At this point I will touch on several topics relative to the program as a whole.


For the first time since the fiscal year 1957 program, no appropriations are requested for additional operational strategic, defense, or tactical missile units in the Air Force construction program. Last year's program provided the construction authorization necessary to reach the level of the 1,000 missile MINUTEMAN force. There is a request for a $10 million appropriation for certain modification and improvements to the presently authorized MINUTEMAN and TITAN II facilities.

CONDITION OF FACILITIES The retirement of some of our missiles and aircraft has been previously covered with you. The imminent departure of the first family of missiles and the B-47 from our forces are recent examples. Not so clear cut, so readily identifiable, or well understood are these same forces of obsolescence which work on our base facilities. The need for major modification or outright replacement to meet the newer and more sophisticated weapon system or other demands must be faced squarely.

We have been long concerned about the fact that for the past 15 years our construction programs, although large in dollar value, have been basically oriented to the establishment and support of new and expanding systems and worldwide deployments. Upgrading of existing facilities was extremely limited. We have looked at the condition of our present facilities, and of their capabilities for expansion. We have identified facilities which, with a reasonable expenditure of funds would be suitable for retention, and those which should be replaced at the earliest possible time. Our long-range objective is to evolve a hard core of facilities that are both economical to maintain, and functionally efficient. These facilities must be there to provide an operating base for the Air Force that is responsive to the needs of the current program period and adaptable to the maximum extent to the needs of the future.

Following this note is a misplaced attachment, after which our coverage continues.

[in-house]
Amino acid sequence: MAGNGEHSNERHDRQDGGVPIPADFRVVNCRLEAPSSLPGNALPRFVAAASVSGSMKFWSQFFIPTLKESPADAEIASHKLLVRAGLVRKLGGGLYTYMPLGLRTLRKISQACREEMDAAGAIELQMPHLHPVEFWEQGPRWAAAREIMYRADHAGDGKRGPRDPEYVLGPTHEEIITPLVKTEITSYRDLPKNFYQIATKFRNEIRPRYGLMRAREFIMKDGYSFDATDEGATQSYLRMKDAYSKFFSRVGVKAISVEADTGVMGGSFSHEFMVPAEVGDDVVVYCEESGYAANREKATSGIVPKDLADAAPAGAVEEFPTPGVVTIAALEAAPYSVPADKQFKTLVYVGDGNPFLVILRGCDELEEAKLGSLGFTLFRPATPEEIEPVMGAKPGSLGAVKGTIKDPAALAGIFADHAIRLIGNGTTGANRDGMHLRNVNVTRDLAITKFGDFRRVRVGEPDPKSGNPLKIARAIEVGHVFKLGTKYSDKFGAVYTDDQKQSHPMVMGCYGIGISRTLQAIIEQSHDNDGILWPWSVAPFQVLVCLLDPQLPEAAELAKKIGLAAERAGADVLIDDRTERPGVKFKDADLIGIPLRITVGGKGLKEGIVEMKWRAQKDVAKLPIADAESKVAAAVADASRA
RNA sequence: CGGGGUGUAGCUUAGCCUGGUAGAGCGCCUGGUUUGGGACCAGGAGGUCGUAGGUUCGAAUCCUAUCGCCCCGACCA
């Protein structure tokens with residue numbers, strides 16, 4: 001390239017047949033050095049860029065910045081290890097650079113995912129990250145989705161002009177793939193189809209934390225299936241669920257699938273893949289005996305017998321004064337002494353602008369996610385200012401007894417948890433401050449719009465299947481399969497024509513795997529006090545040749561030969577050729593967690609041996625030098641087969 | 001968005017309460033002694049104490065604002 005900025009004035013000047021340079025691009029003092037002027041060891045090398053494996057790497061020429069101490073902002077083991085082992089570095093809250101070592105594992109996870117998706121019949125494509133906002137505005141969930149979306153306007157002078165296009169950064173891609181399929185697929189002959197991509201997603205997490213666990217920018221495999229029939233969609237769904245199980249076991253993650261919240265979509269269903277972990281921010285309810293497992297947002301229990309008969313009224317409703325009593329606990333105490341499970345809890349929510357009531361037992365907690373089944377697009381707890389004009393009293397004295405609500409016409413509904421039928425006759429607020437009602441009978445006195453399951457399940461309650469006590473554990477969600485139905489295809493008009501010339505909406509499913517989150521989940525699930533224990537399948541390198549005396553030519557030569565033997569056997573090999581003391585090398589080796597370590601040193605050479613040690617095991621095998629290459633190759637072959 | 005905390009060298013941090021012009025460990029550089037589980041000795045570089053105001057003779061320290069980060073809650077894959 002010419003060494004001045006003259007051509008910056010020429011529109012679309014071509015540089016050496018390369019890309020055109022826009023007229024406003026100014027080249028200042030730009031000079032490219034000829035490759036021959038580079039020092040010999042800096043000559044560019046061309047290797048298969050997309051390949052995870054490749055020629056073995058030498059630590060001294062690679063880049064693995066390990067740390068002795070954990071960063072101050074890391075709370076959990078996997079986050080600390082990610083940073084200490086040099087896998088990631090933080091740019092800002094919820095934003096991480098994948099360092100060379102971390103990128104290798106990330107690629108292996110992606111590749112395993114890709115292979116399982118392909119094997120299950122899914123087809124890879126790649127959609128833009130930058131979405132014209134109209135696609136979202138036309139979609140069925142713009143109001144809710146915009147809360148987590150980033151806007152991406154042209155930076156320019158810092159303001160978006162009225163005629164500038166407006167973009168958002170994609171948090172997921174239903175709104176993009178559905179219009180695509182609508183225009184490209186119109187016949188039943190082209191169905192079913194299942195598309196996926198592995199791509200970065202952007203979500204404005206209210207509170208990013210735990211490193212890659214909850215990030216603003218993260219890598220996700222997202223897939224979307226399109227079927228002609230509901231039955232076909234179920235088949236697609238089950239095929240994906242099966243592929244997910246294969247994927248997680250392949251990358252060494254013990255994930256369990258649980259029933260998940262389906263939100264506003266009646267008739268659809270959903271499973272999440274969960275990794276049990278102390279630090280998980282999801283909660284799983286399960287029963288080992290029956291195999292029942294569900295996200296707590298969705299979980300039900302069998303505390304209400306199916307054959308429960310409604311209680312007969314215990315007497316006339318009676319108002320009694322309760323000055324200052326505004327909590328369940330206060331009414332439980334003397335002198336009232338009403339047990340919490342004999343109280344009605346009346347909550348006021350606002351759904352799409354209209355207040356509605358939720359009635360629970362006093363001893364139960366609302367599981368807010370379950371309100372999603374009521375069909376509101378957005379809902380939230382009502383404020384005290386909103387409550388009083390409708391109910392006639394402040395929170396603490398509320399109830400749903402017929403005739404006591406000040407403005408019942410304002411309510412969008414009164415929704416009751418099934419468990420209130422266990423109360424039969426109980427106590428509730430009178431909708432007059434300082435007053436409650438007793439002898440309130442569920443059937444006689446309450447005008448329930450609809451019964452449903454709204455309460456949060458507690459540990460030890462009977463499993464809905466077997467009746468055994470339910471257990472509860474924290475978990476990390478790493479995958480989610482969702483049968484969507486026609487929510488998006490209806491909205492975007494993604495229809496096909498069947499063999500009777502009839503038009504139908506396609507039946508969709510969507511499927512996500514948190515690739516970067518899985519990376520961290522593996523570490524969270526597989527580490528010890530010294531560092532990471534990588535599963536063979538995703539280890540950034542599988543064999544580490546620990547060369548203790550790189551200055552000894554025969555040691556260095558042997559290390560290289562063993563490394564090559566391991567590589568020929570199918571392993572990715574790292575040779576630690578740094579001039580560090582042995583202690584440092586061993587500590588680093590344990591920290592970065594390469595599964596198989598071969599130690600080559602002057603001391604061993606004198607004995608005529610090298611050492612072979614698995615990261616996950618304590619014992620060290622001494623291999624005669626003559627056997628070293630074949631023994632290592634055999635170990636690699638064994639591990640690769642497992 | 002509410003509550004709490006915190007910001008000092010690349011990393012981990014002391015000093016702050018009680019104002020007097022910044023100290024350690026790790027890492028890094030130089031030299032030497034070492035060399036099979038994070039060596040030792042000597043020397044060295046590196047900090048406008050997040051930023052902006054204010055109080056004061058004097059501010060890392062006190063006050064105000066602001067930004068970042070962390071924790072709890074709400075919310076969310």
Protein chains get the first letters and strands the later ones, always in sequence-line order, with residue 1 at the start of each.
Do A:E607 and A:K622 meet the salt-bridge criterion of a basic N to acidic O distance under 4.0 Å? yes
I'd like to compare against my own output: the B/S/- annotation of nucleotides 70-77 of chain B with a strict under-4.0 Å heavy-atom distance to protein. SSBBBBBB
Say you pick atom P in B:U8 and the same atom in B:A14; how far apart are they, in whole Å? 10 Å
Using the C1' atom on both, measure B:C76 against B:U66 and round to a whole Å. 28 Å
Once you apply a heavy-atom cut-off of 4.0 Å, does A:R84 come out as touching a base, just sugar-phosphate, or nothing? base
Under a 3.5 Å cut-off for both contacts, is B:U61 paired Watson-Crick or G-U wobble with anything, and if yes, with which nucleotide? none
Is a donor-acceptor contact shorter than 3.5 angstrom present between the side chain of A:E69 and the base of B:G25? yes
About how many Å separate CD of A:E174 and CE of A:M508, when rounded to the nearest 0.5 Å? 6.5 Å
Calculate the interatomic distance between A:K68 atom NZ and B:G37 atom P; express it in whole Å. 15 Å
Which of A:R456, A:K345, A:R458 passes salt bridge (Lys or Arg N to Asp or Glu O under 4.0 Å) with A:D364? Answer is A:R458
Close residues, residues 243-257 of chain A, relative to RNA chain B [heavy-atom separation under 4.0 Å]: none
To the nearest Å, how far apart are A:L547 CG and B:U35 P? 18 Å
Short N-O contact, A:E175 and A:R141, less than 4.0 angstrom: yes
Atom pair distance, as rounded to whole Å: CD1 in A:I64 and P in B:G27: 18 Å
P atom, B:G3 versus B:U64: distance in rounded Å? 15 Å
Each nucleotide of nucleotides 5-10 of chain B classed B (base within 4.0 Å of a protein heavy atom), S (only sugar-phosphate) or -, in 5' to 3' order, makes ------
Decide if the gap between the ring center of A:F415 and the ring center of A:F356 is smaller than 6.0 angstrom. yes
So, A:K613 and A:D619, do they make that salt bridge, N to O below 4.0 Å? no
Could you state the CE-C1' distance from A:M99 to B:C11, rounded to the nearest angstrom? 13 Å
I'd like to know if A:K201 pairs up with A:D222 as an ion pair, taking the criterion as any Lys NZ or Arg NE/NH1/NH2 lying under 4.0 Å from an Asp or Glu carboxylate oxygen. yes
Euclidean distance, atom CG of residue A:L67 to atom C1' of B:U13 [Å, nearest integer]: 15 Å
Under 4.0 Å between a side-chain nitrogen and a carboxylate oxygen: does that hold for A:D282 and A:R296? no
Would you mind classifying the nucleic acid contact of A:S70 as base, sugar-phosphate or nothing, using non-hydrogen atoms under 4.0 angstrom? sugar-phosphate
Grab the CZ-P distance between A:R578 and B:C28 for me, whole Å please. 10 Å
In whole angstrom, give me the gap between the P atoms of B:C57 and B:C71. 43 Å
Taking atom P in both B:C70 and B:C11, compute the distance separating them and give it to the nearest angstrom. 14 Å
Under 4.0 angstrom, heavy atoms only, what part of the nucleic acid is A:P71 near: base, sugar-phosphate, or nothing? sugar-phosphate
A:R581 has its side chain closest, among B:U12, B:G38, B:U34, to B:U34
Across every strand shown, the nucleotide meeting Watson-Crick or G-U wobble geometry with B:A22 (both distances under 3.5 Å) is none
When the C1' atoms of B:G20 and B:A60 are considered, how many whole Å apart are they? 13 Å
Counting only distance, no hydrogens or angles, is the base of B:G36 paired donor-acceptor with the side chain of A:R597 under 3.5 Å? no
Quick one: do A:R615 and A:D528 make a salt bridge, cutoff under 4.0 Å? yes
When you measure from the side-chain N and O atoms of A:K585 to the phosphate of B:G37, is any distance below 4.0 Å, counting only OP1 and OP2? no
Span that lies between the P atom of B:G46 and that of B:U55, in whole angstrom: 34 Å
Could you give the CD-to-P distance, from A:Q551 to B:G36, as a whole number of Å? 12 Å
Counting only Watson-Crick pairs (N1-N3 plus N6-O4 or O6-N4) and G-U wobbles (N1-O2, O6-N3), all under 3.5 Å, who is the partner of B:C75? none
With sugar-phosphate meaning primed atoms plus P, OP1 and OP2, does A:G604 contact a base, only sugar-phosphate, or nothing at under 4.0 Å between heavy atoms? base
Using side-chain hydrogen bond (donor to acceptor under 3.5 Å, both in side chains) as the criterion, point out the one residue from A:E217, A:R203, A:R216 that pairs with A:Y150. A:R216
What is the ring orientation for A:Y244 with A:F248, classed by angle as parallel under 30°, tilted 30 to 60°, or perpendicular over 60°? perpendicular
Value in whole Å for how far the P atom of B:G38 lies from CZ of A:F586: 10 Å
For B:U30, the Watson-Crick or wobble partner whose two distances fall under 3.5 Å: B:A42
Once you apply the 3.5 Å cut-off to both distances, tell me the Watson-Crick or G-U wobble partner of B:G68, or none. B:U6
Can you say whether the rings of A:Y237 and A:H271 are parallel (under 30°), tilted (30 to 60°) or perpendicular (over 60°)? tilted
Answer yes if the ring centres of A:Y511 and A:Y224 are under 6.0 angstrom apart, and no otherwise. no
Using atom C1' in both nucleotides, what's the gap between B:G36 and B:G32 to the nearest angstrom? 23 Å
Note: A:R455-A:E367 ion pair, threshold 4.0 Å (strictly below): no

The projects in the appropriation request we are presenting to you today have been selected through a review process that includes on-site surveys, design and technical reviews, requirements analysis, full evaluation of existing facilities, and long-range utilization potential. They comprise a reasonable and necessary annual increment of construction which will provide our forces with more effective facility support.

Our objective to provide better facilities has not, in any way, diluted our continuing firm insistence on full and efficient utilization of existing facilities. New construction, or replacement of existing facilities has been requested only when alteraton or adaptation of existing facilities is not considered in the best interest of the Air Force. This policy is reflected by the large number of alteration and addition type projects included in our program.

These have been general aspects of the program. I would now move to some of the details.


Throughout my statement, I will discuss the program in terms of the "total obligational authority,” or total funds anticipated to be available during the fiscal year. This figure includes fund carryovers from prior years.

The following table shows the total obligational authority or program clearance requested for the Air Force in this bill.

Total obligational authority

(millions) Active Forces_

$381.6 Family housing

80.3 Air National Guard..

10.0 Air Force Reserve..



478.9 As separate hearings are scheduled for family housing and the Reserve Forces, I will limit my comments to the Active Forces program which totals $381.6 million.


The Air Force fiscal year 1966 military construction appropriation request for the Active Forces is summarized in the following table :

Summary of Air Force fiscal year 1966 military construction appropriation Inside the United States

$281, 315, 000 Outside the United States..

63, 145, 000 Support activities



381, 560, 000 New construction is requested for the Active Forces at 138 of our major installations worldwide. Of these, 98 are in the United States. The program also provides facilities at a number of other locations and minor sites including those of the A.C. & W. network, communications sites, missile range stations, and smaller sites of classified activities.